Leonardo DiCapario, Greta Thunberg, Ban Ki-moon and Barack Obama were at COP26 but it wasn’t all about the recognisable names. For us, the Climate Change Conference were an action-packed two weeks with many events, interventions, and countless meetings over coffee (shout out to the pavilions for their delicious coffee!) which resulted in many productive and interesting conversations. After two years of zoom calls, it was great to connect with so many members of the REN21 community and meet new faces, all passionate about working together to increase the uptake of renewables.
Bringing the renewables voice to the climate conference
10 years ago, it was obvious that REN21 needed to be at COP: renewable energy was not seen as a key sector that could help solve problems linked to climate change. From then on, REN21 made it a priority to attend the climate conference to share the value of renewables in addressing not only global warming but also advance sustainable development. COP26 had a focus on accelerating action towards the goals of the Paris Agreement – the message about making renewables the norm and phasing out fossil fuels had to be loud and clear.
Cities in the centre of attention
At COP26 cities were a large focus of the conversation. Although mayors do not have a formal role in the climate negotiations, several mayors came to Glasgow, showcasing their leadership on the road to net-zero, their renewable energy projects already underway, and goals for the coming years. In one event at the ICLEI pavilion Rana Adib highlighted the importance of these local action to achieve national decarbonisation targets and global goals. She also spoke about renewables as an urban opportunity to achieve healthy, clean and liveable communities. In the discussion with city experts, David Tudgey highlighted the challenges and also the opportunities of community energy projects in the city context.
An event at the SDG Pavilion looked at how we can build strong coalitions to support cities scaling-up renewables. Panellists discussed the need for an energy revolution and the role cities can play to the accelerate renewables particularly in heating and cooling and transport (where they lag behind). In addition, the panel spoke about the need for communication, a common vision and multi-level governance as well as building strong coalitions with citizens, communities, the private sector and investors.
What Will it Take to Achieve a Zero-Carbon, Sustainable African Economy?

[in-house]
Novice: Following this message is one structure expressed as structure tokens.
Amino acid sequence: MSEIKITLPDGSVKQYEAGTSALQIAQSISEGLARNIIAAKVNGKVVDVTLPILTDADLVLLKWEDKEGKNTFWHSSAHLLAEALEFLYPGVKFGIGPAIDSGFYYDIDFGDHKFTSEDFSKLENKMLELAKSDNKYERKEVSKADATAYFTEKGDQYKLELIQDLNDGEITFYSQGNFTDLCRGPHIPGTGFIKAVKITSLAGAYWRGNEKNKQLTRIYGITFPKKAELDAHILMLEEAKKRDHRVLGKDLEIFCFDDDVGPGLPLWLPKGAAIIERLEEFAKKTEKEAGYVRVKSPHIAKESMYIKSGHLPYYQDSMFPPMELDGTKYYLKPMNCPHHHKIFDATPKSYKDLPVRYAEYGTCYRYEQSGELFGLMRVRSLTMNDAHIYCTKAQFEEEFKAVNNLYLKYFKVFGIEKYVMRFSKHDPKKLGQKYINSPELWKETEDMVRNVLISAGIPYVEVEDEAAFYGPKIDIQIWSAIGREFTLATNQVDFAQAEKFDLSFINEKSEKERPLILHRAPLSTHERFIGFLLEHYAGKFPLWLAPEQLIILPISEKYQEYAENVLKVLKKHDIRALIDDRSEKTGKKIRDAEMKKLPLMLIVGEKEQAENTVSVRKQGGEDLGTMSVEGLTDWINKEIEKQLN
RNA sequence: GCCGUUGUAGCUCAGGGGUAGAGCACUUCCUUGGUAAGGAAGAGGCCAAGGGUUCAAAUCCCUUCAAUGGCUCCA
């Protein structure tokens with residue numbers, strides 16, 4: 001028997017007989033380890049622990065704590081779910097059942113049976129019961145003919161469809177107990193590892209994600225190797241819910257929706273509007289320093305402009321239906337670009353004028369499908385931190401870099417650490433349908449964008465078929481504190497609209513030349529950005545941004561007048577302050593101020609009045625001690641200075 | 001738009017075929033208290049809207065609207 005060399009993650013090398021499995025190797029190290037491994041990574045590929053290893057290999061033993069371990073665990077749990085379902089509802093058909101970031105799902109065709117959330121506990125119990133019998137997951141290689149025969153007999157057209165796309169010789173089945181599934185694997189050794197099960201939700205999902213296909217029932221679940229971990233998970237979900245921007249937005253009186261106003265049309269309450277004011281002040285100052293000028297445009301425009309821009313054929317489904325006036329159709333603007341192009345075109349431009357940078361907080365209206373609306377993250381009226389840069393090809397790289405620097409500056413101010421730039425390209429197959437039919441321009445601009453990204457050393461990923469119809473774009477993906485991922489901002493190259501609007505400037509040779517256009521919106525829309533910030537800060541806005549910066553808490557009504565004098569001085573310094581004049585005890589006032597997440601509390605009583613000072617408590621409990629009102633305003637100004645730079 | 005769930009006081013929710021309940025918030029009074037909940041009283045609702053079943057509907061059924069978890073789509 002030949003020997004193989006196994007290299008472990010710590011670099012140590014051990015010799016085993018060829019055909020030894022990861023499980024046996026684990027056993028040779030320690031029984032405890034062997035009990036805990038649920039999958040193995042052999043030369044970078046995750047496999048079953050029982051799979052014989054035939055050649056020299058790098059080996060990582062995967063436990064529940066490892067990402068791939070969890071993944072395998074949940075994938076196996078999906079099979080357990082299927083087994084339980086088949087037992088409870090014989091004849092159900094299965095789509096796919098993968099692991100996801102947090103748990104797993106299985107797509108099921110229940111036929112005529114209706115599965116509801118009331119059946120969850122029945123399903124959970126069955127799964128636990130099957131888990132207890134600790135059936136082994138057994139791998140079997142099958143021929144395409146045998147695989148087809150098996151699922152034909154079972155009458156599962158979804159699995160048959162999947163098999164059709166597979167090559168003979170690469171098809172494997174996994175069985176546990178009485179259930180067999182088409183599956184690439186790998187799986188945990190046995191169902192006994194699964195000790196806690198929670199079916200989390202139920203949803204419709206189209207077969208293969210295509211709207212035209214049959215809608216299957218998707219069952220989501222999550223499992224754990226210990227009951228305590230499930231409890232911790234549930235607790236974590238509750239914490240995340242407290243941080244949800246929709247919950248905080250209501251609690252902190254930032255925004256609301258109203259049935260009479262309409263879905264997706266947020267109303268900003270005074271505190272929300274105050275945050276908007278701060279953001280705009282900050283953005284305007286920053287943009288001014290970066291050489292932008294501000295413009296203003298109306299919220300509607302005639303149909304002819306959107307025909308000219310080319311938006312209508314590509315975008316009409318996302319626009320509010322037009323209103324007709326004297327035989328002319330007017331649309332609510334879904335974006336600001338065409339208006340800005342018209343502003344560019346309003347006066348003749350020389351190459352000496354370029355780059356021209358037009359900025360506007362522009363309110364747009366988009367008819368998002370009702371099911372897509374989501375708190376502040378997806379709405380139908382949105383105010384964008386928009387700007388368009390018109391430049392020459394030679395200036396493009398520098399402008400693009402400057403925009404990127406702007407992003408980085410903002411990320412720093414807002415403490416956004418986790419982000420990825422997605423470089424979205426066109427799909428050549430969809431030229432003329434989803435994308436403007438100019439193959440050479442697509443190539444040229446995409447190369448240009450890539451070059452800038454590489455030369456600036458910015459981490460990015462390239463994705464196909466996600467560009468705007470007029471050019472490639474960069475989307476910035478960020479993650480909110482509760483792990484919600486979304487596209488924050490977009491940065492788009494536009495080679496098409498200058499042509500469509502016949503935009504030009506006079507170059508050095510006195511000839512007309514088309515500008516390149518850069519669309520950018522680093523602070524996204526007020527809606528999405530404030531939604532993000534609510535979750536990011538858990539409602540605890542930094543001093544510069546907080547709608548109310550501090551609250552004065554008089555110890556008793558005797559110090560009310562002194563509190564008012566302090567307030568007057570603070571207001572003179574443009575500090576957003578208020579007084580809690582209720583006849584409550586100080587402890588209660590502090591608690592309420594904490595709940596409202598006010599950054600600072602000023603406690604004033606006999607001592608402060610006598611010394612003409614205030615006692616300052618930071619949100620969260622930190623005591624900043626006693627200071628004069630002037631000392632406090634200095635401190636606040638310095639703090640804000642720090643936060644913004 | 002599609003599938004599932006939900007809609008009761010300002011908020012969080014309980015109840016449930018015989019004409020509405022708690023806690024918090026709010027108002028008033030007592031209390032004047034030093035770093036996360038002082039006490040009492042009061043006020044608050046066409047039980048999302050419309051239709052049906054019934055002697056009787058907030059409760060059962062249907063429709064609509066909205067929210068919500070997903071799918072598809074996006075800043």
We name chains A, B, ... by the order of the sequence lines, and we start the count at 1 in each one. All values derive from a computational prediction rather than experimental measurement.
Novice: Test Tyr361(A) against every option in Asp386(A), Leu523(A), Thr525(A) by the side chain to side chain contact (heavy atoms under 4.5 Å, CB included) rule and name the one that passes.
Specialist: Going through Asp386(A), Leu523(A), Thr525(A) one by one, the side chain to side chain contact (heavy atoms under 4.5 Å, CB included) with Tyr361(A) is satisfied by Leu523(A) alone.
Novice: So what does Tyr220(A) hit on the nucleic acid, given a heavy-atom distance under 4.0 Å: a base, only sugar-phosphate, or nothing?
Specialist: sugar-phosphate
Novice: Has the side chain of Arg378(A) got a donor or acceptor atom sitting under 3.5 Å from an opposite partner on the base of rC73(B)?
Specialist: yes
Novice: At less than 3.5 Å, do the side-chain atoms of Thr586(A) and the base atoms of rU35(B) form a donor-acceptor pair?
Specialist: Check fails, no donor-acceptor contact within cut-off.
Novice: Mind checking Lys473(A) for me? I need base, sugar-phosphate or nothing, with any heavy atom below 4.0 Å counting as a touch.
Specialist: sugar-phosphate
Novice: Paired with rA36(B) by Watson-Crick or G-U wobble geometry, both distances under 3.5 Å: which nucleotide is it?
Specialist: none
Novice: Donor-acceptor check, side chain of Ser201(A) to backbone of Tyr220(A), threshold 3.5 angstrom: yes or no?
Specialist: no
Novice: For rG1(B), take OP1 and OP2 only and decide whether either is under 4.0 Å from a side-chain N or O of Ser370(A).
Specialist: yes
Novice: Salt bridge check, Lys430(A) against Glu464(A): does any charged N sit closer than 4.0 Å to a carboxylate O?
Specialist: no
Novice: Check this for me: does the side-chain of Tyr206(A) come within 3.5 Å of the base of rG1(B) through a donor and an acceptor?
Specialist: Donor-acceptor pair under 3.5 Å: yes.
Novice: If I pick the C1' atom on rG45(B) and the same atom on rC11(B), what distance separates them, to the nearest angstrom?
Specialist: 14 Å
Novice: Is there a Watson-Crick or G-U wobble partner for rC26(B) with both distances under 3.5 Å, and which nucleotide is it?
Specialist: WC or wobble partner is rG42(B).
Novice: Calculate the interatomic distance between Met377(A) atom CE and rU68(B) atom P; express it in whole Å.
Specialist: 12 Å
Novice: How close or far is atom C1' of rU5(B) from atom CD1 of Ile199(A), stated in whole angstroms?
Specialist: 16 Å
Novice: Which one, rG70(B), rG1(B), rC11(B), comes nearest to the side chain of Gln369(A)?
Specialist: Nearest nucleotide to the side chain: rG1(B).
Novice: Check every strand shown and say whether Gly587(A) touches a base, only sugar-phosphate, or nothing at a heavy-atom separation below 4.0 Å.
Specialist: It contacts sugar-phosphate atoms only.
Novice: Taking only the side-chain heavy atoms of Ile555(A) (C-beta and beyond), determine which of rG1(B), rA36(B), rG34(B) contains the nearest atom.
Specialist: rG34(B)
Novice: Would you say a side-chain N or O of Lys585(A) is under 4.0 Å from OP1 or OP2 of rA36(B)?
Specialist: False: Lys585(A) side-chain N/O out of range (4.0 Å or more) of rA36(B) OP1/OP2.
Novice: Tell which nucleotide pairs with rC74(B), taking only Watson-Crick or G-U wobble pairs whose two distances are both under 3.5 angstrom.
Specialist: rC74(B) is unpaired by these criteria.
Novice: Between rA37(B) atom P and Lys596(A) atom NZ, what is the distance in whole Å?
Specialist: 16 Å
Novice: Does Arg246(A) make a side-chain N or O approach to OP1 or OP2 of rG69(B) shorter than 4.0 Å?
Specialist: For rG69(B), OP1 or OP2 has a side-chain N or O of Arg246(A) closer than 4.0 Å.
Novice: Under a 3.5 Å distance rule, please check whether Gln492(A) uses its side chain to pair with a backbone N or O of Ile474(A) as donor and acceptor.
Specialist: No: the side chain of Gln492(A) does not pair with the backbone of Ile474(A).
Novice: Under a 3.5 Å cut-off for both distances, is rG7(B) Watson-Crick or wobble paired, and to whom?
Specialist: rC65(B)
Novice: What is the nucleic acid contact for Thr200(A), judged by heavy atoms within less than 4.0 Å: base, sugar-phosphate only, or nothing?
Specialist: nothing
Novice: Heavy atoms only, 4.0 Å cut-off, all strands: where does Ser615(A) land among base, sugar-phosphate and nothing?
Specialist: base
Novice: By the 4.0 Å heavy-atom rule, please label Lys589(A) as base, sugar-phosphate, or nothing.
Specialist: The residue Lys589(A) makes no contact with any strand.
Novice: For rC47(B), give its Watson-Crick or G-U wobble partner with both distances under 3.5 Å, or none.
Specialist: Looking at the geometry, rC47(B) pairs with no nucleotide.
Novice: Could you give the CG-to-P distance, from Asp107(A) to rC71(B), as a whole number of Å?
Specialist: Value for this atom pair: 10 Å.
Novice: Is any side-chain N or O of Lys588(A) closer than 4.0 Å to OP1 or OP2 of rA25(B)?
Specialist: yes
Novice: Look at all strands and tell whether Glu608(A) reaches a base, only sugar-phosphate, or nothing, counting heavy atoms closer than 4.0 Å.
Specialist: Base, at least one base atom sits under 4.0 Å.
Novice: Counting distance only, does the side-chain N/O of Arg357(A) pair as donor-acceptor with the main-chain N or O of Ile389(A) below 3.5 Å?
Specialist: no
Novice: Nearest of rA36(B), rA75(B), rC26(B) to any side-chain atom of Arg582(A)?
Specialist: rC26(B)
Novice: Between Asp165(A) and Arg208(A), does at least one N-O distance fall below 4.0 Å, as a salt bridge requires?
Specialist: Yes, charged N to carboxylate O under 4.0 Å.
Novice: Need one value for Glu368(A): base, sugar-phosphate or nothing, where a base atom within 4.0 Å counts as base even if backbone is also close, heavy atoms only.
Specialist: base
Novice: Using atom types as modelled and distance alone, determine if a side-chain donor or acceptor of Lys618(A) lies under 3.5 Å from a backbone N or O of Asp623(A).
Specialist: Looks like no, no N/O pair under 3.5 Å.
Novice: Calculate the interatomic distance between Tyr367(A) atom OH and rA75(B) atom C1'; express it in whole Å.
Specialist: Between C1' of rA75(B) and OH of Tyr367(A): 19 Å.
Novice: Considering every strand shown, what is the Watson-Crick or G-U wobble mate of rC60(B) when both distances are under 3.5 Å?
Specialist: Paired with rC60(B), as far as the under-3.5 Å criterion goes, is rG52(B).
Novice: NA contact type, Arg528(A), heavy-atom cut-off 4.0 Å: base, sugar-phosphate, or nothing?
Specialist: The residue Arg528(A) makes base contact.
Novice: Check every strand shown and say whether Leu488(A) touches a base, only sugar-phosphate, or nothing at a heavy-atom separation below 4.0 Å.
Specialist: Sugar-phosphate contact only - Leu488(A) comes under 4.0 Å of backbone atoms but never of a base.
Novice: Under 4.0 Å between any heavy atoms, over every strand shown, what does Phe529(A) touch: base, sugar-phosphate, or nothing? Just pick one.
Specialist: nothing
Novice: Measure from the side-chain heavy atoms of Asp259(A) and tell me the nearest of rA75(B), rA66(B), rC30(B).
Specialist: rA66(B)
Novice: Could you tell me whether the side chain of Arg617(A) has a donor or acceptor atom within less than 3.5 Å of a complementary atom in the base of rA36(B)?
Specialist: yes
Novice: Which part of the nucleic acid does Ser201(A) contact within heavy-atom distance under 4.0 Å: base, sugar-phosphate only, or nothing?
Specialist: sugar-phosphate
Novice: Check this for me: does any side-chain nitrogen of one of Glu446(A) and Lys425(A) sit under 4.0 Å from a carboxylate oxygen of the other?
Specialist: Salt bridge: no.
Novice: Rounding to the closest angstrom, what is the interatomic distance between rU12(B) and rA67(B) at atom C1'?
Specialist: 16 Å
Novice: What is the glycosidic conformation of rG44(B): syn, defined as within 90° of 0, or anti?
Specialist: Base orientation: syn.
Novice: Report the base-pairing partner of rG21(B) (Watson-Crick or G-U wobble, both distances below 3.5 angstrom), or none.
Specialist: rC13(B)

Population growth and rising energy demand are opportunities for local and national governments in Africa to advance economic development. Renewables can ensure that this development is clean and sustainable. But the continent faces another challenge: poor grid infrastructure and network management. REN21 brought together various voice to discuss what a renewable energy future in Africa looks like and what policies, investments, infrastructure and technical capacity are needed to make this happen. Inspiring examples of actions that can be scaled up in cities and countries in the entire region were also shared.
Strategic intelligence to build global networks
Many pavilions broadcast their events, and there were many who dialled in as panellists including at our event which looked at how strategic intelligence can help shape conversations. Jerome Kusters from REN21’s partner TSC gave a presentation showing the power of a new tool designed to present the connections between people and organisations and what the conversations are. Being in the room on the day highlighted that whether Jerome was in Glasgow or not didn’t make a difference, the audience were impressed with many asking about how they can get access to the tool.
In contrast to the sounds of thousands of people deep in conversation, the silence surrounding the displays at the entrance was a stark reminder of why we had all travelled to Glasgow. This somber display of people playing dead in freezing conditions (don’t let the blue sky fool you!) really brought home what we were all doing at COP26. Addressing climate change while building a more equal and sustainable society is an issue which impacts us all, and requires everyone’s attention.
So whether you’re the Prime Minister of a country or an individual passionate about addressing the climate change issues – we all have a role to play in the fight against climate change. But it’s important that we don’t lose sight of what we’re working towards – a green, healthy and equitable future. And we must work together and build alliances to #DoChooseRenewables, so we jointly can get there – now.
See you at the next one in Egypt (or online).